Butler has mined these possibilities to the fullest and her speculation have been so prescient that at least one critic has identified what he calls a prophetic voice in Butler’s fiction. This is undeniably true. For instance in the Parable series (which includes the titles The Parable of the Sower and The Parable of the Talents) she follows the crises of the late twentieth century to their logical conclusion and describes a world in the not too distant future in which slavery is once again legal and corporations are the primary slaveholders (lest this seem too far-fetched remember that one of the primary critiques of Bush’s “guest worker” plan is that it would constitute a kind of de facto slavery), cars are virtually obsolete because of the scarcity of oil, religious fanaticism has become the basis of political leadership, water is not only extremely scarce but completely privatized in most regions of the United States, and most citizens of the state of California are homeless.

So far, I’m sure this vision seems pretty dark and far from the inspirational vision of Dr. King and, I guess, it is. What Butler does, though, that makes me compare her vision to Dr. King’s is offer the reader a radically different way of envisioning the future even amidst these desperate conditions. In the context of literature the vision that she offers us of a young black woman with the sagacity and fortitude to theorize and construct a functional society within the chaotic conditions I have already described represents something quite remarkable in and of itself. Additionally, the political vision with which Butler endows the character, Lauren Olamina, is remarkably like Dr. King’s in that it envisions actions and values so far from our present reality that they seem almost impossible to imagine working. The multi-racial egalitarian society that she conceives of and leads is one that values difference and makes a tenet of embracing change and this makes for a fundamental reorganization of its society. Butler’s thoughtful outlining of the characters’ theory of change--humans cannot avoid it or escape it, but can prepare for it and, consequently, relate to it positively--as well as the critique of the fictional Earth Seed community she undertakes in the second book, Parable of the Talents, suggest the degree to which Butler herself was seriously engaged in a project of re-imagining our world.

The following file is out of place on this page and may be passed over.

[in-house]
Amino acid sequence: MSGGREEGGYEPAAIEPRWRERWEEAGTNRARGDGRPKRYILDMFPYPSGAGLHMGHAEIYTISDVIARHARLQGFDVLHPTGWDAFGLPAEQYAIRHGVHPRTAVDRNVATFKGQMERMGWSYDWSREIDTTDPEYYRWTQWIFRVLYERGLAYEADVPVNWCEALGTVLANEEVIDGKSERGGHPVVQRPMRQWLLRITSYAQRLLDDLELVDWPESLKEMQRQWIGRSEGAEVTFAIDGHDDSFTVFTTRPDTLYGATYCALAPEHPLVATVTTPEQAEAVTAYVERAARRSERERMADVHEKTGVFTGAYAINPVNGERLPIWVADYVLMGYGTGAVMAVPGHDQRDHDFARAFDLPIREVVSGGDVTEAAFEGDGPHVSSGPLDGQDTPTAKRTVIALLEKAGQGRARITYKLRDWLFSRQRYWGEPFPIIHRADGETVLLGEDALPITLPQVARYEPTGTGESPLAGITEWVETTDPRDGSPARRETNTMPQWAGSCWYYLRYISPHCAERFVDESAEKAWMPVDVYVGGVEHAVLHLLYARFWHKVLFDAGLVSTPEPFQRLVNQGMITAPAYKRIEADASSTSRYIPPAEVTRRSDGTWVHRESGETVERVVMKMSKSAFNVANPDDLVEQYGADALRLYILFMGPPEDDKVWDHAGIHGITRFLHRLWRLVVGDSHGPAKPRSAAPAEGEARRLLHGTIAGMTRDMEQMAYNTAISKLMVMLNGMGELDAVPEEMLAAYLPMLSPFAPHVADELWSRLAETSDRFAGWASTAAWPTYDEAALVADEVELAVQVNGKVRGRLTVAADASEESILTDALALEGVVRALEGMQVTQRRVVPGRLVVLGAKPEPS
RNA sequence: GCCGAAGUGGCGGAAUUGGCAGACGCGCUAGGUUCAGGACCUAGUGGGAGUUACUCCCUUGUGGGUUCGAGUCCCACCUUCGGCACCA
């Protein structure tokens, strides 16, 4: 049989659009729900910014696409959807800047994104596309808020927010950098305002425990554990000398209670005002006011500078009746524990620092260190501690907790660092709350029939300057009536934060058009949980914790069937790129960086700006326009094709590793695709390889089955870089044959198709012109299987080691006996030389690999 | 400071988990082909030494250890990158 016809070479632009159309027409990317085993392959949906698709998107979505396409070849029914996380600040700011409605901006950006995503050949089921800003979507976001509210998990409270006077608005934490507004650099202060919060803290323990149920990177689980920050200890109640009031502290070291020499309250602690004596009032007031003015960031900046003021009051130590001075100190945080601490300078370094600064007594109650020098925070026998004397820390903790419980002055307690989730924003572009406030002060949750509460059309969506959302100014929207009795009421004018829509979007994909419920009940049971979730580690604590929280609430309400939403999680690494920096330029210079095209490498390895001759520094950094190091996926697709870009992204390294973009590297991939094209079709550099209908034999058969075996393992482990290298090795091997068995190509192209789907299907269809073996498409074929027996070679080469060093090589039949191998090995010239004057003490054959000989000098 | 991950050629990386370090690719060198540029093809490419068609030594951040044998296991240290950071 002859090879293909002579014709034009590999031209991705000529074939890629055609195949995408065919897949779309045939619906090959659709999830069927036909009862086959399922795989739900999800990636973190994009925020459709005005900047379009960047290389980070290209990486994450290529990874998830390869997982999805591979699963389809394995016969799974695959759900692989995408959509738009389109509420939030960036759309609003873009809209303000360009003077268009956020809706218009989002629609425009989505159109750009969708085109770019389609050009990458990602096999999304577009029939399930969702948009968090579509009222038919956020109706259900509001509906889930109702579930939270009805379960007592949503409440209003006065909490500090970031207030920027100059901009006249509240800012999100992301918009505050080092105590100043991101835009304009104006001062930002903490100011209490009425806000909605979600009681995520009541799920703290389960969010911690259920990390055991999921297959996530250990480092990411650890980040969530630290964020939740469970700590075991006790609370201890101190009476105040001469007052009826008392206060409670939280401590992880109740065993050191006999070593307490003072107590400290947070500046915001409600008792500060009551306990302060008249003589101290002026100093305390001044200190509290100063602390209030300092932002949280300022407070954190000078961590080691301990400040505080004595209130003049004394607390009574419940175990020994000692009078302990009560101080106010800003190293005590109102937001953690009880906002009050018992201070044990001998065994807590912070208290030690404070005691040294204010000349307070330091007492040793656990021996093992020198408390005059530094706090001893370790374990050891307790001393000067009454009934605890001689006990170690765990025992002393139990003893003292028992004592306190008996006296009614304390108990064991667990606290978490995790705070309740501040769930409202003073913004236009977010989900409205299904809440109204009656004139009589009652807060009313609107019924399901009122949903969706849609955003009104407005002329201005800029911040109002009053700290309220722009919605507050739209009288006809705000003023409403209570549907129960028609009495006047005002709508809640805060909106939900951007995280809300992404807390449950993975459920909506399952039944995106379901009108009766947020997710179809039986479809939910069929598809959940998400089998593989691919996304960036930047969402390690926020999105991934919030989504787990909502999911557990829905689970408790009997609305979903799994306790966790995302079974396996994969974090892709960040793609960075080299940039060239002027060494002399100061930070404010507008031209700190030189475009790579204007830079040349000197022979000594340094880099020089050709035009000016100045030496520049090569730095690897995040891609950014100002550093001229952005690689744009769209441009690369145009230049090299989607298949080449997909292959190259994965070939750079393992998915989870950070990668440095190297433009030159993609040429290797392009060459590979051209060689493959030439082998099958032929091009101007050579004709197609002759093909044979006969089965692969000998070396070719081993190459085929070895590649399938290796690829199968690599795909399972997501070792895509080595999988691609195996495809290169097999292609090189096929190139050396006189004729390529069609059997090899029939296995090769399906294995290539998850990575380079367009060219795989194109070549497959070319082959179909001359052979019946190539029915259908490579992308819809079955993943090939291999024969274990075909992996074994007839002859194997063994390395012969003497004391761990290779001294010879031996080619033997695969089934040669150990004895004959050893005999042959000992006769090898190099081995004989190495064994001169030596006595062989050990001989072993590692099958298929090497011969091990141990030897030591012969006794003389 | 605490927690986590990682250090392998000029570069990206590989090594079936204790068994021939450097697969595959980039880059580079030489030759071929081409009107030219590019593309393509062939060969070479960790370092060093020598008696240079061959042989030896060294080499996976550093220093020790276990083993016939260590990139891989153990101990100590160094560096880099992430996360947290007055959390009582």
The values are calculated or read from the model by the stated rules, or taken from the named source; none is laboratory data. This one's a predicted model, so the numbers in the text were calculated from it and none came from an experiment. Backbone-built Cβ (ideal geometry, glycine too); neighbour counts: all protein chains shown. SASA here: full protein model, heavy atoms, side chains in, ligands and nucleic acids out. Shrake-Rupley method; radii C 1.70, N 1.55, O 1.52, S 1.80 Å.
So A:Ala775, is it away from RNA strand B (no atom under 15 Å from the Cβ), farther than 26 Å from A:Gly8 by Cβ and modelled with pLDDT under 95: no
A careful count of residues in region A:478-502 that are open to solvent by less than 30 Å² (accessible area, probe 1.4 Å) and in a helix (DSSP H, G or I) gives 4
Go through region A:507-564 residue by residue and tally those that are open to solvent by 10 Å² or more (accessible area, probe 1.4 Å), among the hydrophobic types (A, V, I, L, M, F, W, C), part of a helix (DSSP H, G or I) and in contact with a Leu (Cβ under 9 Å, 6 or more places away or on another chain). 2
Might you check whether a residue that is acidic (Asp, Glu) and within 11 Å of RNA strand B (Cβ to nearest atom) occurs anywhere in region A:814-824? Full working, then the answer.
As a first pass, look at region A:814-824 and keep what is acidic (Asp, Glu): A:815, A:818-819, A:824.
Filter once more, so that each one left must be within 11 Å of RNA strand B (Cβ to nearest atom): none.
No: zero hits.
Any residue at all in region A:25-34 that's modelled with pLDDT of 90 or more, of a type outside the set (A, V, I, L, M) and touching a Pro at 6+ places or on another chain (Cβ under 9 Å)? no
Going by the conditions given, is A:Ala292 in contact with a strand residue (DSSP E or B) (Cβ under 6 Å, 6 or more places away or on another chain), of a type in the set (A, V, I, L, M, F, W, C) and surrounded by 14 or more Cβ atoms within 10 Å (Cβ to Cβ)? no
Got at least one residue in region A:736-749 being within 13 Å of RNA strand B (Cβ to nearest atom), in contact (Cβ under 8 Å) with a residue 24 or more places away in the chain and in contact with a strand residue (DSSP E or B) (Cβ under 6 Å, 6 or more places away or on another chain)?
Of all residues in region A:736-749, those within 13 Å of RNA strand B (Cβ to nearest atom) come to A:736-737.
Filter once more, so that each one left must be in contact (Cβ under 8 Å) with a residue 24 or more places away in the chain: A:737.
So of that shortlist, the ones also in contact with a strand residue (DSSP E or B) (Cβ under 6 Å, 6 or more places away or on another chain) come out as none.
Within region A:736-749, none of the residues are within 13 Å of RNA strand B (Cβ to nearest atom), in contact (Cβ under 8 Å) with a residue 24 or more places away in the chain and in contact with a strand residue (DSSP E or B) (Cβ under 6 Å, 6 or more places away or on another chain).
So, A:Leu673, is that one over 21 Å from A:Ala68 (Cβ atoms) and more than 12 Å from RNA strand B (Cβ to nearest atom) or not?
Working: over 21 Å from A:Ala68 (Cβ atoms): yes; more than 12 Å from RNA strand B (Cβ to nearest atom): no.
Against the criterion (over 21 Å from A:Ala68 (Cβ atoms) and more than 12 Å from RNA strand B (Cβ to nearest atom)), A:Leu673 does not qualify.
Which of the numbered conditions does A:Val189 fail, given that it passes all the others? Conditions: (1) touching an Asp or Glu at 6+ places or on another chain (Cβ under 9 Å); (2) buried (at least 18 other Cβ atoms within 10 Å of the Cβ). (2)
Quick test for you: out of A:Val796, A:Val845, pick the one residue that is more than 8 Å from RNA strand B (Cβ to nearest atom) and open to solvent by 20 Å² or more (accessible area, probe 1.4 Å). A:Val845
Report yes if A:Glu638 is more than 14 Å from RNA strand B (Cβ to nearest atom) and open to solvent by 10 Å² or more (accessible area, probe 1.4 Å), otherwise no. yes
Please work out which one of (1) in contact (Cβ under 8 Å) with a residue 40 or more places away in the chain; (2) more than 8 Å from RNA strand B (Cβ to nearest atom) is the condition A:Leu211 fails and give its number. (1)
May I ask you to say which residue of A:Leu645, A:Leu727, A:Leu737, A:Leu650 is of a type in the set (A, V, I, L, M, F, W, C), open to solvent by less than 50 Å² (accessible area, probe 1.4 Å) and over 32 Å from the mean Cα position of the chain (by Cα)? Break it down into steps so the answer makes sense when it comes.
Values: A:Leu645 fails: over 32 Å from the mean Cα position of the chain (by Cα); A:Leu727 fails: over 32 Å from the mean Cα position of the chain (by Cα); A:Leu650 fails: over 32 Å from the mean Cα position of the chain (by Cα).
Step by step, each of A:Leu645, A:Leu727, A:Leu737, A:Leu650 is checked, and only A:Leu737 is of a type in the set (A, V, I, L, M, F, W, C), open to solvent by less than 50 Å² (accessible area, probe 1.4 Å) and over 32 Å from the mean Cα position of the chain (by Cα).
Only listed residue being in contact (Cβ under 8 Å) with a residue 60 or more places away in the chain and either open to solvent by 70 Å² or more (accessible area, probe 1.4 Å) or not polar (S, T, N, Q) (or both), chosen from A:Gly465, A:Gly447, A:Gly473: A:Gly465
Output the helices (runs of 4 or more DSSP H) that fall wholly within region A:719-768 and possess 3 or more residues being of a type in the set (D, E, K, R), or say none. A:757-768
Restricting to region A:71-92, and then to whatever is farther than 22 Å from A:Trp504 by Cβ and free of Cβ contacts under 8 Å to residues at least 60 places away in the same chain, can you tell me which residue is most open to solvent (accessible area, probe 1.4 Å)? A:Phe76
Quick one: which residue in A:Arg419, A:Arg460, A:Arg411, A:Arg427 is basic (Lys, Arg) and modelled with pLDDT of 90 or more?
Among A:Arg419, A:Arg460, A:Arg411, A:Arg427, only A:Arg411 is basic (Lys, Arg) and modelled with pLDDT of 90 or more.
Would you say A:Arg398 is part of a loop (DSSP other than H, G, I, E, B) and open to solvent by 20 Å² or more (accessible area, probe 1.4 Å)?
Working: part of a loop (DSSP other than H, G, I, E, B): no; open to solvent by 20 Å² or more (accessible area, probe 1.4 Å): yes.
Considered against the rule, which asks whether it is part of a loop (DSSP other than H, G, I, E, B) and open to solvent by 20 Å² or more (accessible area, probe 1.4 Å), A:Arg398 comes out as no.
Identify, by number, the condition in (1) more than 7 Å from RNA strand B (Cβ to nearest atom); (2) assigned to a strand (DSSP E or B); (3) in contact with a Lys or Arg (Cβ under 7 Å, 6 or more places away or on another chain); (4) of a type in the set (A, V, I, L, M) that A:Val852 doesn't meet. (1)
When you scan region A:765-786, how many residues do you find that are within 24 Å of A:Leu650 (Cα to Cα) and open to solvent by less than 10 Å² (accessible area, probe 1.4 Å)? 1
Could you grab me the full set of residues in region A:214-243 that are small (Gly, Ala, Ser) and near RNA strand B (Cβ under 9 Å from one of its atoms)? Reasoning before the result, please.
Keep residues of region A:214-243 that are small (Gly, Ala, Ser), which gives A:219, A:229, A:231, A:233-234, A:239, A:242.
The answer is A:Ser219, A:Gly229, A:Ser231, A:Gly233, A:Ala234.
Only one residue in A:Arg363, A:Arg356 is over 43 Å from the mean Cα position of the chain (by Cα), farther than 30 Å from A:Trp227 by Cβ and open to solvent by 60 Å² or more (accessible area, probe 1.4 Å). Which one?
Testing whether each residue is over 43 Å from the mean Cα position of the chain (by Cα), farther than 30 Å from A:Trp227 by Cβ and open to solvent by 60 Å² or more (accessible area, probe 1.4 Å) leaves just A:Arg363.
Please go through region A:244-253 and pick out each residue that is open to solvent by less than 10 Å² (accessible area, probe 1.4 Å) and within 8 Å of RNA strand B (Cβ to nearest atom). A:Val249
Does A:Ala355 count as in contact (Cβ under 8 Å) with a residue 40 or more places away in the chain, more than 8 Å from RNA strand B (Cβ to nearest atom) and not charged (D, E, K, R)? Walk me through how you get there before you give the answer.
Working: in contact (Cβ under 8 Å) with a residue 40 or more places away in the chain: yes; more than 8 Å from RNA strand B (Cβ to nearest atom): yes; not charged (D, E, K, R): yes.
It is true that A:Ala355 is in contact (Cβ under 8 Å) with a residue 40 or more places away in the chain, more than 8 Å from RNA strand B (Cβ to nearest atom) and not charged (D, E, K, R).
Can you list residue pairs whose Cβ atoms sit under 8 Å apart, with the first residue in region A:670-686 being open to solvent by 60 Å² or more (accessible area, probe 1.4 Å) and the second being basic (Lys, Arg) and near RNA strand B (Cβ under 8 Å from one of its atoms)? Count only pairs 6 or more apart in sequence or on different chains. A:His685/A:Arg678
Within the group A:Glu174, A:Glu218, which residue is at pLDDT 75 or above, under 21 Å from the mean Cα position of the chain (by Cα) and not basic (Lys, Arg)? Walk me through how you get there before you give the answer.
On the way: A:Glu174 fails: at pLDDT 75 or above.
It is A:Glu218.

Though her final book takes a very different turn in focusing on a vampire rather than human society, it, too, is connected to the larger project of re-imagining this world that we inhabit. In fact as its title, Fledgling, could indicate, this text really represents a more formed realization of her vision. While the dominant image of the Parables is the seed--as yet unrealized potential--the fledgling is more strongly associated with the realization of at least the first level of potential. In this text the racial, sexual, and economic priorities of this world are reordered so that the heroine, Shori’s, blackness is actually a benefit to her self and the community of vampires (her melanin allows her to function during the day when most vampires can’t), sexuality as it is represented in the novel exceeds categorizations of homo- or hetero- sexuality, and extended “family” networks and communal living arrangements are the primary form of social organization. Additionally, the vampire community is governed by an ethos of mutualism and respect for human life. Those who defy those values are the villains of the novel.

The main action of the novel, which revolves around Shori’s efforts to reeducate herself about how to function in vampire society after suffering a memory loss, provides a metaphor for contemporary social change. Implied in Shori’s process of recovery, which reveals to her the extent to which she is dependent on others as well as her responsibilities to those who depend on her, is the potential value for the rest of us of forgetting what we already know and learning to relate in different ways. In this way, Butler’s vision echoes and extends Dr. King’s. Her work offers us a vision that moves beyond the “racial tolerance” to which Dr. King’s ideas have so often been reduced to a direct call for the affirmation of particular strengths embedded within Black culture. Butler’s work emerges as a cipher for the post-civil rights era; signposting the destinations to which, it is hoped, our actions will lead us.

Beauty Bragg is assistant professor of English at Georgia College and State University. Her research focuses on Black women's literature and culture.

Copyright © 2006 by Beauty Bragg. Drawing © Mike Mosher 2006. All rights reserved.